Now the only issue with email receipts is finding them in my inbox. That’s what makes PhilterIt so valuable. All of these emails are automatically filtered for me into their icons. I found my Apple receipt in ten seconds, my flight confirmation even faster. As more and more companies email receipts, our inboxes are going to get more information. PhilterIt is building an inbox which accounts for the future and will help me keep track of the increasing amount of emails from my favorite stores and brands.
We stood on stage a few days ago and unveiled PhilterIt’s new look and feel to the world. It was awesome. We told a crowd of hundreds of tech enthusiasts why our clean, simple and intuitive interface is a better way to experience email
How did we convince the crowd? What was our hook? Simple – we showed them a visual. Namely, a slide full of bullets. We said, “How is this slide working out for you? Too many bullets. Too many words. Now think about your inbox. All of that content, all of that information…all of those lines of text.” That’s been the story we have been telling for a year, and that’s the story that prompted the most audience votes to go to the statement, not question, “Hell yeah! Finally! That’s brilliant.”
We’re going to continue to work hard to wow our users and bring a brilliant new email experience to them, and we invite the rest of you to join in the fun.…
When I was a kid, we used to go shopping with a Tupperware bin of alphabetically organized coupons. If I wanted to buy Cereal, my brother and I would look through the C folder, and we were allowed to choose any cereal we wanted, as long as we had the coupon. (If we had the coupon, I would always pick S’mores Crunch.
Today, I still rely on my training from childhood to find a deal. However, rather than sift through a Tupperware bin, I scan through my Inbox to find the latest 30% off discount or Free Shipping promotion. But now I’m starting to wonder if the benefits of these promotions – these diamonds in the rough – truly outweigh the costs in terms of time and frustration in dealing with an exploding inbox. I tried to create filters, but I quickly realized that for each filter I set, it seemed like there were three more brands that popped-up and needed to be dealt with. It was like trying to save time by, well, wasting time. That didn’t make sense. I also found that for those brands I did filter, it was out of sight, out of mind. I meant to go back to them. I really did. But once they were gone, they were gone. So I still missed deals that I wanted to find.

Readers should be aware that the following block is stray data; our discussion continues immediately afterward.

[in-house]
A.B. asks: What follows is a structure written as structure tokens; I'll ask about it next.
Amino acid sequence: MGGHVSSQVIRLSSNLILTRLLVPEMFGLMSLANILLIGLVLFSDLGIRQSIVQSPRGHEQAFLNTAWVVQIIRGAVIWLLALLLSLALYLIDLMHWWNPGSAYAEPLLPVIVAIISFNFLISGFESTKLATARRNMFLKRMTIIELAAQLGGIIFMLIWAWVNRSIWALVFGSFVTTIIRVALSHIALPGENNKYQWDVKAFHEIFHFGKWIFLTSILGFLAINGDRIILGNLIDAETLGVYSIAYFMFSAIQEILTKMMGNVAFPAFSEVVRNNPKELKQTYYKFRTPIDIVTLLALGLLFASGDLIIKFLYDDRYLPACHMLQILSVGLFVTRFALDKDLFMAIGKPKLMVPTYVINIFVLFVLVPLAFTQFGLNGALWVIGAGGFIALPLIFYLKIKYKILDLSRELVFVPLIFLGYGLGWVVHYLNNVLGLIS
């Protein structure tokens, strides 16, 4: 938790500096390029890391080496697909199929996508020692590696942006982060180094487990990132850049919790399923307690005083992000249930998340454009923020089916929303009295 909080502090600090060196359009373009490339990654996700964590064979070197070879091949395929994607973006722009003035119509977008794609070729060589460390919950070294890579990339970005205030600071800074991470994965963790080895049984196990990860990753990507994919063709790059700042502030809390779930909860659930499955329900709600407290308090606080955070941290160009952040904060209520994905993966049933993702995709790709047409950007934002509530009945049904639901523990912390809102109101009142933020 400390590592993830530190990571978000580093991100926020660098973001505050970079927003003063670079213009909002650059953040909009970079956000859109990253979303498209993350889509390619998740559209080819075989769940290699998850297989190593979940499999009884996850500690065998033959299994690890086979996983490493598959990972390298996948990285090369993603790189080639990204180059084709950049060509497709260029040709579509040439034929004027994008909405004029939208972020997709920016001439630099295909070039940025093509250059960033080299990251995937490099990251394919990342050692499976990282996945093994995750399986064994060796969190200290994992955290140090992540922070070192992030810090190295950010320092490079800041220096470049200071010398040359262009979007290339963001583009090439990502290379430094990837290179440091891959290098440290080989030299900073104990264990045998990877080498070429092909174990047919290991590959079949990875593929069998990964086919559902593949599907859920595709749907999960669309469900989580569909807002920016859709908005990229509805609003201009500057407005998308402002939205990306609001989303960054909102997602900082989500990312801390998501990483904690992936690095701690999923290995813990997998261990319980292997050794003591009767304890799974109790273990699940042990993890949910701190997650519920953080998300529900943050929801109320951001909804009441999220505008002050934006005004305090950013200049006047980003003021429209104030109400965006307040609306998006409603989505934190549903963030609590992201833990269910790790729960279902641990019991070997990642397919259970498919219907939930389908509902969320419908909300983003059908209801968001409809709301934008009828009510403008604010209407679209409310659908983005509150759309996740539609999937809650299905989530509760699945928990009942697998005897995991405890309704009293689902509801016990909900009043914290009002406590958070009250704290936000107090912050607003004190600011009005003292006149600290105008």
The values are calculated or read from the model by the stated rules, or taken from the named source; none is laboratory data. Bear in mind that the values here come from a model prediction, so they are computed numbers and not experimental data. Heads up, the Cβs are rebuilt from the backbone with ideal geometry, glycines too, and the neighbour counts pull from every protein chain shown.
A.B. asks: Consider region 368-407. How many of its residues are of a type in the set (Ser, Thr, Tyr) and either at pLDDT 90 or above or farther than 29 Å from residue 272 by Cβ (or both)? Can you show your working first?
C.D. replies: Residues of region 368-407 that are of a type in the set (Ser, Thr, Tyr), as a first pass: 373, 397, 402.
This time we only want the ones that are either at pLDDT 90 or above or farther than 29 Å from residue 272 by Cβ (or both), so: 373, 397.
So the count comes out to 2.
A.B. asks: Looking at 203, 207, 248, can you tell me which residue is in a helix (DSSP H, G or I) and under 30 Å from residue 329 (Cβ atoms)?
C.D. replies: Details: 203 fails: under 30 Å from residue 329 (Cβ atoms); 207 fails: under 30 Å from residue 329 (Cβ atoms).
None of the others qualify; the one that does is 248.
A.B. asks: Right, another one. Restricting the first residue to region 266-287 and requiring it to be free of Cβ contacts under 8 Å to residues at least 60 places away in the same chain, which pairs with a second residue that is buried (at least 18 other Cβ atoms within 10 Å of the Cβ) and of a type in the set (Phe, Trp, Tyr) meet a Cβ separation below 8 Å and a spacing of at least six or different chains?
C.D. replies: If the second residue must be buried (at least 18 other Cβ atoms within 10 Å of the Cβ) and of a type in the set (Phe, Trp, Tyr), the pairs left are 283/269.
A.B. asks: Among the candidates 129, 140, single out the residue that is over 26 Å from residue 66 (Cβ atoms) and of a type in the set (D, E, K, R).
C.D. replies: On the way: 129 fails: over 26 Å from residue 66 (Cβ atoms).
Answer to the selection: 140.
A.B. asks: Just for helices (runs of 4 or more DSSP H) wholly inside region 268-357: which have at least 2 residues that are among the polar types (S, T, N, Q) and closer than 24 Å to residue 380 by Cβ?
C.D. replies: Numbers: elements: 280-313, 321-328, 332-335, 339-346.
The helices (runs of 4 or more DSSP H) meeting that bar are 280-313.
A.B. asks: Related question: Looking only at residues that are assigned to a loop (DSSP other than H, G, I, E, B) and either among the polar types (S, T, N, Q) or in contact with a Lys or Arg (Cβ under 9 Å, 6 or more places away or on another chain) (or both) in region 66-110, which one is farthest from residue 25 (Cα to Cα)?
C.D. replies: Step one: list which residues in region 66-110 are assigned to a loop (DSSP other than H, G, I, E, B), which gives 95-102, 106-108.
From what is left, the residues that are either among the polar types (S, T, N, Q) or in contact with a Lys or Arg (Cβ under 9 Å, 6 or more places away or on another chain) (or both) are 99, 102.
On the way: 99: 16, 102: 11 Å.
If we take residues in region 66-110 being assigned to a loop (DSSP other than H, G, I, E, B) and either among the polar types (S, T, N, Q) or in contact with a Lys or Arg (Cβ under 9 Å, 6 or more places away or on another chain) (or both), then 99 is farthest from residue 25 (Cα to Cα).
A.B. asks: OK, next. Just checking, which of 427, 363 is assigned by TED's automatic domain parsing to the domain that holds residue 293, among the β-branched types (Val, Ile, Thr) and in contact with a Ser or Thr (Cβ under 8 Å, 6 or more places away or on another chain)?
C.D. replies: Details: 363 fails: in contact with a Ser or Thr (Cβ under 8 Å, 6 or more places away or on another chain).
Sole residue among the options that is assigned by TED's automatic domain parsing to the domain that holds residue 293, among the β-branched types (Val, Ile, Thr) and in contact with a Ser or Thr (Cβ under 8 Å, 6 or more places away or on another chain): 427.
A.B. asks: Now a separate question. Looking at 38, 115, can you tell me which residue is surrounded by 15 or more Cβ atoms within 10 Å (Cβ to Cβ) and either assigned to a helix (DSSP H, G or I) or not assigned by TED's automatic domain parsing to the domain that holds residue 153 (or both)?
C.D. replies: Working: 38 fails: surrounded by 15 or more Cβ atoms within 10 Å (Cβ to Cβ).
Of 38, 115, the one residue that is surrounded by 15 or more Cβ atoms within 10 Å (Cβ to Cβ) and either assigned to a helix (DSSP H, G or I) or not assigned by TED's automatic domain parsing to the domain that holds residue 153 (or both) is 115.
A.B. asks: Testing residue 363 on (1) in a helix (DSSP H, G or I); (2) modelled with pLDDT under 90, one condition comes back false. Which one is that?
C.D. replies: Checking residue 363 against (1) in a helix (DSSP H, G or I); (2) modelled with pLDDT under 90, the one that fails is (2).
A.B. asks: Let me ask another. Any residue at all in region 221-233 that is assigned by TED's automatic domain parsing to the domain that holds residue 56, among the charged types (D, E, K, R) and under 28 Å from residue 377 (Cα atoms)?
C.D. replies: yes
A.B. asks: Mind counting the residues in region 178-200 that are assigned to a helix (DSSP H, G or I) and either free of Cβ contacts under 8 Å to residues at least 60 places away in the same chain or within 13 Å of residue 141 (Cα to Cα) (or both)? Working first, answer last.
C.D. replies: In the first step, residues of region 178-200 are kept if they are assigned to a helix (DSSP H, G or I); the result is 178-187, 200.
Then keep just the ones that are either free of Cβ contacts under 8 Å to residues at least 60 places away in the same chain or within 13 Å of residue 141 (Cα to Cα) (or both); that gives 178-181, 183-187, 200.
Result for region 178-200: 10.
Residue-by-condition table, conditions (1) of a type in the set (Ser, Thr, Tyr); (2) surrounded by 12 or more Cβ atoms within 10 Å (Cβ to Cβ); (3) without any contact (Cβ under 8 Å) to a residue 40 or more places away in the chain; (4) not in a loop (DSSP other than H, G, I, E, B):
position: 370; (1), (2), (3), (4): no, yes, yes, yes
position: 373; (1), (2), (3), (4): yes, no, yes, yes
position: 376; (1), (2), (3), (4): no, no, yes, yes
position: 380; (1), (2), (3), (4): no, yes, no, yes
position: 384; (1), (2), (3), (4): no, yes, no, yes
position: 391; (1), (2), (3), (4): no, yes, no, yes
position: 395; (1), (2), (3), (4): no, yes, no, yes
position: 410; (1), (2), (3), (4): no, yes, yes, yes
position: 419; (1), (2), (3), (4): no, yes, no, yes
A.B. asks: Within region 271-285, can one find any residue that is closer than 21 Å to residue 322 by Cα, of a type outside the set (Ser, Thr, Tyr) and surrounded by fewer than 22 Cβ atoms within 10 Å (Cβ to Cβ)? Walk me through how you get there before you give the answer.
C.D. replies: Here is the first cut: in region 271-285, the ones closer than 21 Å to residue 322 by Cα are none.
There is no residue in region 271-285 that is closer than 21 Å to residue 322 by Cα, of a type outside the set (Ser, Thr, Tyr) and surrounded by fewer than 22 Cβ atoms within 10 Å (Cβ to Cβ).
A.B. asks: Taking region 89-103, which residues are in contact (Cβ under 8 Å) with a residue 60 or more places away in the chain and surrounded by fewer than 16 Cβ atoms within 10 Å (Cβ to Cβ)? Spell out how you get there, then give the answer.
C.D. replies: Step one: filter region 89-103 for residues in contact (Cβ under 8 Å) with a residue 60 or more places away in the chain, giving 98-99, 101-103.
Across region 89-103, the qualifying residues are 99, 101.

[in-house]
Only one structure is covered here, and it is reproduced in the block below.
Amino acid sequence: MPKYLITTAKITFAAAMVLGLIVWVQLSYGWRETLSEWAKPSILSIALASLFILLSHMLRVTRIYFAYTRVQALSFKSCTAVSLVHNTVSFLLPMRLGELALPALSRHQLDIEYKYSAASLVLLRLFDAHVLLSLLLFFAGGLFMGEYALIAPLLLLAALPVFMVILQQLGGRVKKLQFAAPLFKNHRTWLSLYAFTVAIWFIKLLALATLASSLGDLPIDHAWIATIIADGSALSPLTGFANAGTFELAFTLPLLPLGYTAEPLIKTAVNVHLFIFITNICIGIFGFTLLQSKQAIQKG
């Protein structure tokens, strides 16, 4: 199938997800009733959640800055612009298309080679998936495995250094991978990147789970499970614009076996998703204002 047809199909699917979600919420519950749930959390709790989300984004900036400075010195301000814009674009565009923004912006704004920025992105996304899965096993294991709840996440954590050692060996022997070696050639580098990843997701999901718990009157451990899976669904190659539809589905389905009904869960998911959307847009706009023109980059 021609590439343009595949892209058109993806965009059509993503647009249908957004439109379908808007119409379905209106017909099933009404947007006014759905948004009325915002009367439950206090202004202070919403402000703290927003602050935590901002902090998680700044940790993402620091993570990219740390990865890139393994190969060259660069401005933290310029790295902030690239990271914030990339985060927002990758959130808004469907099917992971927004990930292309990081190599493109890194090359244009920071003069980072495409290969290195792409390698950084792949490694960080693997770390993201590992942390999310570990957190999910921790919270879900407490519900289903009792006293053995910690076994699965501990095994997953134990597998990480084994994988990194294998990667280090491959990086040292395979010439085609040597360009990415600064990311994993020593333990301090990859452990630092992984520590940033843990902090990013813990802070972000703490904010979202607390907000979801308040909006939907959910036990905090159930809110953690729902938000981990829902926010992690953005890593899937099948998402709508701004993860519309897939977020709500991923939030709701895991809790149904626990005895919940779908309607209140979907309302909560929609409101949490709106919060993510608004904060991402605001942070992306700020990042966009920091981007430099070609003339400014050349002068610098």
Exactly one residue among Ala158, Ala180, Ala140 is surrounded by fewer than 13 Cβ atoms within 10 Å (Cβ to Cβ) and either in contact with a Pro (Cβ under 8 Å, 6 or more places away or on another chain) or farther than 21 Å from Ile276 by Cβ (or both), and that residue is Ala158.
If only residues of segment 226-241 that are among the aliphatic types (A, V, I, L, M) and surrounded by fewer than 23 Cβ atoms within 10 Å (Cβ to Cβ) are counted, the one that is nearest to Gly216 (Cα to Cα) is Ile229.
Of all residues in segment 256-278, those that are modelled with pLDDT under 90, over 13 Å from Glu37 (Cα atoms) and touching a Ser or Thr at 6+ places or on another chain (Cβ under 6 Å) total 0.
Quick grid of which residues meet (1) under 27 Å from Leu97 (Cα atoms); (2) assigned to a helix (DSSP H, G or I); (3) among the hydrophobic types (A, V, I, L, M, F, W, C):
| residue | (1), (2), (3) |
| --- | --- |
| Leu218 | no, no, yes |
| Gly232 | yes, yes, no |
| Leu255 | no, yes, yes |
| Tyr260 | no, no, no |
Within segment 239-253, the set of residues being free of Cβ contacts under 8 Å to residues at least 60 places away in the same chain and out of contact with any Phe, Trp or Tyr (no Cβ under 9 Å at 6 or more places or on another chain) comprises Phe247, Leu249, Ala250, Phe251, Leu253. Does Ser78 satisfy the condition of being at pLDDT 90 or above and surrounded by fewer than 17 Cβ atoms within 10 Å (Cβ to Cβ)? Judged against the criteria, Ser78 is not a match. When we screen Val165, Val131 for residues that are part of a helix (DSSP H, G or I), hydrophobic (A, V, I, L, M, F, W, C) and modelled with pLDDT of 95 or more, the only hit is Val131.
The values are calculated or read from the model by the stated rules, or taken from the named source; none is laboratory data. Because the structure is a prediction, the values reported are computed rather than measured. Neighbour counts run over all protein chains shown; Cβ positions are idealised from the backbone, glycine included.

And, of course, there were the angry phone calls and texts. “Did you get my email?” “What email?” “I sent it to you this morning!” Oh…right, that one. My personal messages were getting lost in the shuffle, buried and seemingly gone forever. So now I was stuck trying to create filters, incessantly delete, unsubscribe then resubscribe, bug my friends to forward me deals for brands I didn’t want to sign up for anymore (you know, those 3x-a-day email offenders) only to lose THOSE forwards in my inbox. ERGGHHH!!! What a mess.
PhilterIt takes care of all of that for me. I import my existing account (no changing addresses), select the brands I want to follow, and then I’m brought to my inbox. I have all the brands I care about right there in front of me. I can click or unclick the filter on my mail feed, so that only personal messages are highlighted. And I can set up new icons by dragging and dropping – so now my friends and family have their own homes within my inbox.